OnePlus 5 smartphone – review

OnePlus's new flagship phone is a sleek, fast upgrade offering great value for money


One plus five equals six – but the new OnePlus 5 smartphone is worthy of something closer to a 10/10.


I’m writing this in an age of devices costing anything up to £1,000 (thanks for that, Apple) so for those of us not wanting to take out small loans to afford top of the range tech, four-year-old Chinese company OnePlus have positioned themselves perfectly with their new flagship phone.

The OnePlus 5 has an awful lot going for it. For starters it looks gorgeous. Available in two versions – Slate Grey (with 64GB storage and 6GB RAM retailing at £449) and Midnight Black (128GB/8GB/£499), plus a limited edition Soft Gold version – this phone is sleek, slim (7.25mm) and nestles neatly in the palm of your hand… even if they’re hobbit-sized, like mine.

And even better? For those struggling to stretch their digits around ever-increasing screen sizes, OnePlus’s OxygenOS system, which overlays the normal Android operating system, allows users to pull up their notification screen by dragging downwards anywhere on their phone; an added plus for anyone who can’t easily reach the outermost corners.

But if you’re buying the OnePlus 5, the chances are you’ve taken the leap for the camera. It played a huge part in the phone’s launch campaign back in June and it delivers on the hype, snapping high quality, vibrant photos thanks to its ‘dual camera’ feature.


It’s all down to a dual-lens sensor – one 16 megapixels and an f/1.7 lens and the other 20 megapixels with a narrower f/2.6 aperture. The high megapixel count allows for lots of detail and the portrait mode affords plenty of variety in your shots, with the ability to blur your backdrop while keeping faces razor sharp.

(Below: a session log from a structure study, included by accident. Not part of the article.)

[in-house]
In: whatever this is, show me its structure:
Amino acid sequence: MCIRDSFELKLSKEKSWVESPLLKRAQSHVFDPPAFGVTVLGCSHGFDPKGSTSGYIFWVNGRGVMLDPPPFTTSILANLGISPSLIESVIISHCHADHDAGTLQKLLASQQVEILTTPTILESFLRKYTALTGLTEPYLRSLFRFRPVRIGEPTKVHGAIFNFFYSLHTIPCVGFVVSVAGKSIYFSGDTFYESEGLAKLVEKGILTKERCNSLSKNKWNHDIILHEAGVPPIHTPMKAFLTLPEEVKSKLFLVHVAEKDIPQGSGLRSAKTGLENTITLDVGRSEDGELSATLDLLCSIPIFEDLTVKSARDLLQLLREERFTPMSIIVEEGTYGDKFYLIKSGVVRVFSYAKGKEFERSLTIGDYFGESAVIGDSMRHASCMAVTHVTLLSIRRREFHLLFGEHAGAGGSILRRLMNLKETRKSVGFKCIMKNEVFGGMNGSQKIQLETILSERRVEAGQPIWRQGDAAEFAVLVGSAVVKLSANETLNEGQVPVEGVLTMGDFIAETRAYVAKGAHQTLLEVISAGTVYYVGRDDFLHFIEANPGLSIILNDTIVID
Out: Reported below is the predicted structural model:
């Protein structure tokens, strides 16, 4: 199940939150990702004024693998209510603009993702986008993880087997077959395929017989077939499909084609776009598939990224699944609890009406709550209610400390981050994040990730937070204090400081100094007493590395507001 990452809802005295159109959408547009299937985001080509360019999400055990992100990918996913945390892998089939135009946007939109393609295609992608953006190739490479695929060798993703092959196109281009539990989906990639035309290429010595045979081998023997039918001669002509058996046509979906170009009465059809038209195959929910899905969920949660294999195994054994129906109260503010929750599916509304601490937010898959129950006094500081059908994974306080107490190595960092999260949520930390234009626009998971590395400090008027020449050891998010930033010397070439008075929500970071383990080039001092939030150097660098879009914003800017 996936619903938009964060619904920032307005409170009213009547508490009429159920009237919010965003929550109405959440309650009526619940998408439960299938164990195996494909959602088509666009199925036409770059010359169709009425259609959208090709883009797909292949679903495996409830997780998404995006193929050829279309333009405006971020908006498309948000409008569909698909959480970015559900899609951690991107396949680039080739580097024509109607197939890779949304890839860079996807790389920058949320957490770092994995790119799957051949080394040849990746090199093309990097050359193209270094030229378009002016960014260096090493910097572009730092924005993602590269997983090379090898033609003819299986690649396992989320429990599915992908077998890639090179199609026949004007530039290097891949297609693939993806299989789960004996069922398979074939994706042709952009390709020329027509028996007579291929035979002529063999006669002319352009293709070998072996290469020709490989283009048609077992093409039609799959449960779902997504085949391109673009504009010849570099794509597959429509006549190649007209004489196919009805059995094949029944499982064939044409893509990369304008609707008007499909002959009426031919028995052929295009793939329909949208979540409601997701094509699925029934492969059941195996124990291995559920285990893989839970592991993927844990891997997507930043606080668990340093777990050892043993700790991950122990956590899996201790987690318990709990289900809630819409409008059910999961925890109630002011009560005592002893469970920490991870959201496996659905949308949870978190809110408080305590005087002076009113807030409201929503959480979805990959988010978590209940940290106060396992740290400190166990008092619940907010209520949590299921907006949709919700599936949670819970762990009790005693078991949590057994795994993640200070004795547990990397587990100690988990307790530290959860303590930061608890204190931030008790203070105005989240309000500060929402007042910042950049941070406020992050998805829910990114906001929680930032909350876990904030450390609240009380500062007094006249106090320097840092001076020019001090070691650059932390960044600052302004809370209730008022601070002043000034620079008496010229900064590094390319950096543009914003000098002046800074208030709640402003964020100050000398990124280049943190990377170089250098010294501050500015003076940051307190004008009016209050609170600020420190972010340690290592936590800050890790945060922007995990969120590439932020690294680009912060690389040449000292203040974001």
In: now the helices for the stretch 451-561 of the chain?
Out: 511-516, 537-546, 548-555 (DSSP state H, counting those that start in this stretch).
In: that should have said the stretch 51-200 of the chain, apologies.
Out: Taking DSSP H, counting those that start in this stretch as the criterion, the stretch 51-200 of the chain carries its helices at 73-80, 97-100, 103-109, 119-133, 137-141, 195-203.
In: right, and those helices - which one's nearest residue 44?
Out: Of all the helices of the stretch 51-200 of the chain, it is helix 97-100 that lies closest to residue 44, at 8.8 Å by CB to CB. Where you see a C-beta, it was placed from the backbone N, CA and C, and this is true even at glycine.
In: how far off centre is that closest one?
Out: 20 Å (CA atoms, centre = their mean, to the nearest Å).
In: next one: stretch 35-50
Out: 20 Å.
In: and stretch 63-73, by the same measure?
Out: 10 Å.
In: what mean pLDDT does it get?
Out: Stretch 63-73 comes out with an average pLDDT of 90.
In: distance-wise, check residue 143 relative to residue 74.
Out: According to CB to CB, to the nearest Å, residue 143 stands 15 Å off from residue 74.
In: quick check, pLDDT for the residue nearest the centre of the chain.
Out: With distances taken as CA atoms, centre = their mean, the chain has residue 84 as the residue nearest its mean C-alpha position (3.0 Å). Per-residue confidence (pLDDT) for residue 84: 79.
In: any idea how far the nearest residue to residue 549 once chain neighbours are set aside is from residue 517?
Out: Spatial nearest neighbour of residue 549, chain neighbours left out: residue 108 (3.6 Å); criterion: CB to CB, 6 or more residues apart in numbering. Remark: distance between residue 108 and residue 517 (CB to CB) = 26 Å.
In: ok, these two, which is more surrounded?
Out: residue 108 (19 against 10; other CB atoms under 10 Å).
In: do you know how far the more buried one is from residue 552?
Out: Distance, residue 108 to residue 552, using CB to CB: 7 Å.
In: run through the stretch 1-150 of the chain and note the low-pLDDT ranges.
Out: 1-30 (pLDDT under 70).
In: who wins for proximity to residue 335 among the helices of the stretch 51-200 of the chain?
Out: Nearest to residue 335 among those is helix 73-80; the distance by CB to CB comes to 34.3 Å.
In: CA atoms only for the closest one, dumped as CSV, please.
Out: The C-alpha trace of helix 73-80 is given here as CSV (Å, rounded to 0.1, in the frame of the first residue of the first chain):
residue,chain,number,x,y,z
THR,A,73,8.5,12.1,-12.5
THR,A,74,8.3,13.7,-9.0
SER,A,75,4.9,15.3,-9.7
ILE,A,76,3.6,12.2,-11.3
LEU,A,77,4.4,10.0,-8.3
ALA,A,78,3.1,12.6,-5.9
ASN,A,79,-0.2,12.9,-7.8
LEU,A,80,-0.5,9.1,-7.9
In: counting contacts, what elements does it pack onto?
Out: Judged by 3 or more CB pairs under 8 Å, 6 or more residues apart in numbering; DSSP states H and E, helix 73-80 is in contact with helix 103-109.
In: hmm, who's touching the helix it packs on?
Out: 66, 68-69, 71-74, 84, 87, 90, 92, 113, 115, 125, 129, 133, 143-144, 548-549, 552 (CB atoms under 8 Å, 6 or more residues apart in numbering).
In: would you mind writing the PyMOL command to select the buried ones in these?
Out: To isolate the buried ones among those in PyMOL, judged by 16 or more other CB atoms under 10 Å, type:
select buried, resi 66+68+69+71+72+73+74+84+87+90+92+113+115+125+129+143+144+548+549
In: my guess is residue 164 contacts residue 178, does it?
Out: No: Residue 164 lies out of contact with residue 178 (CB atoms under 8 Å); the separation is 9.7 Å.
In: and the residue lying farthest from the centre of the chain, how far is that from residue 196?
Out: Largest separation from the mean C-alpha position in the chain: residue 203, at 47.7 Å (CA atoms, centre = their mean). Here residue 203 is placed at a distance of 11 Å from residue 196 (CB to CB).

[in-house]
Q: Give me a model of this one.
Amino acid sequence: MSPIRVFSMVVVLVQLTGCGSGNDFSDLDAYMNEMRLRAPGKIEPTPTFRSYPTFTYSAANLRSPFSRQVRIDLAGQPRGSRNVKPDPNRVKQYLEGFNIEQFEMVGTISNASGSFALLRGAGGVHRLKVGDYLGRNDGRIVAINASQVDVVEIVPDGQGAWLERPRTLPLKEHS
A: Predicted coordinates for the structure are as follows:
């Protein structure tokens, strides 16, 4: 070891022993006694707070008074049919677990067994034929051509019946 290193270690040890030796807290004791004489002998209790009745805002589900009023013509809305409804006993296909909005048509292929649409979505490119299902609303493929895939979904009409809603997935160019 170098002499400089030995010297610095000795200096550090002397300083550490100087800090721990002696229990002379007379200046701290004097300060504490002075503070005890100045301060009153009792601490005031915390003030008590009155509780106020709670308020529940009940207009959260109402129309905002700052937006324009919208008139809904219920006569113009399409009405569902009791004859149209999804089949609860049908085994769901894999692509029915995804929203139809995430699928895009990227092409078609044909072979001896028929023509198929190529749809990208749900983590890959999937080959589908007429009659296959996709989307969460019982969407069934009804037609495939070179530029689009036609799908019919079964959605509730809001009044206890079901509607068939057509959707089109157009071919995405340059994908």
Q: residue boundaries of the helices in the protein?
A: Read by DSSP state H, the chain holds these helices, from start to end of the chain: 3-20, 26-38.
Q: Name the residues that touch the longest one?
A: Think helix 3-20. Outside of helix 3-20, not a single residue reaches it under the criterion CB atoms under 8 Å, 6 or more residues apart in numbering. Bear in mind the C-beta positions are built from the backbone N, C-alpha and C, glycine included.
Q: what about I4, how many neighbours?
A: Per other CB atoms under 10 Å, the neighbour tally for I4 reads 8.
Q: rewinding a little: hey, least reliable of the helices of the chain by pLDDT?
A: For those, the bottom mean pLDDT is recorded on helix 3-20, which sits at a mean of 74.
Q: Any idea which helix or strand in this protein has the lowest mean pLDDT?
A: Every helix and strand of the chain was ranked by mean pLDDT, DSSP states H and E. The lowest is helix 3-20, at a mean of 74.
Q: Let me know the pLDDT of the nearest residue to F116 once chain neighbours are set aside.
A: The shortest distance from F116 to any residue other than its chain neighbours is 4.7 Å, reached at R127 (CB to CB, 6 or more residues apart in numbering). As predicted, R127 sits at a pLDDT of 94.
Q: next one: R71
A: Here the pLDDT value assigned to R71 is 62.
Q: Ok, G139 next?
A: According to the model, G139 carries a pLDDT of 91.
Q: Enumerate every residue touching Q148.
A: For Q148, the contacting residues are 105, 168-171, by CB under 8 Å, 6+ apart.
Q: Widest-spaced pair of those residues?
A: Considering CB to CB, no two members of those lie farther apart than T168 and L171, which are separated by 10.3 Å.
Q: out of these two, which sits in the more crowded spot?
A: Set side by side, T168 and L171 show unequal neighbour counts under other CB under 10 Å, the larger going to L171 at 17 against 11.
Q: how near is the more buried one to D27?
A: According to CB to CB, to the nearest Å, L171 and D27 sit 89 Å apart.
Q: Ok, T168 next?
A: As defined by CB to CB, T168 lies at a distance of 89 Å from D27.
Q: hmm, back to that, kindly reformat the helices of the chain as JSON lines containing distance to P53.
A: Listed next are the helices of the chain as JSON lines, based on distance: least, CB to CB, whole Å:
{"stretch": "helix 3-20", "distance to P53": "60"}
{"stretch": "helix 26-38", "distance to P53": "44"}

In fact, there’s not much to fault this phone on. It’s got plenty of neat features built onto the previous 3T model, like the reading mode which turns your smartphone into something akin to a Kindle or other e-readers, reducing the glare and colour to protect your eyes. There’s also the screenshot function which allows you to scroll up and capture an entire page, rather than limiting you to just what you see on your screen.

There are welcome familiarities, too – the headphone jack remains, much to music lovers’ relief (no need for the easy-to-lose standalone buds Apple have adopted), although anyone choosing to go wireless can always connect via Bluetooth.

With several hundred pounds separating the OnePlus 5 from handsets at the highest end of the market, there are – unsurprisingly – a few limitations to mention. I found my WiFi often dropped, more frequently than on other devices, and the battery life, while decent, still can’t quite get me to the end of the day with a healthy level of usage (although dash charging enables you to go from an empty to full tank in an impressively short amount of time).

The OnePlus 5 will survive drops of rain but the phone is not waterproof, and has just one speaker, located at the bottom of the phone, which is all too easy to cover up if you’re holding the handset while streaming TV.

But for a phone in the region of £450-£500, the OnePlus 5 delivers a hell of a lot and is by far the fastest I’ve got my hands on. Loyal customers may be disappointed by the company’s price hike, but this new model still gives you value for money, no question.

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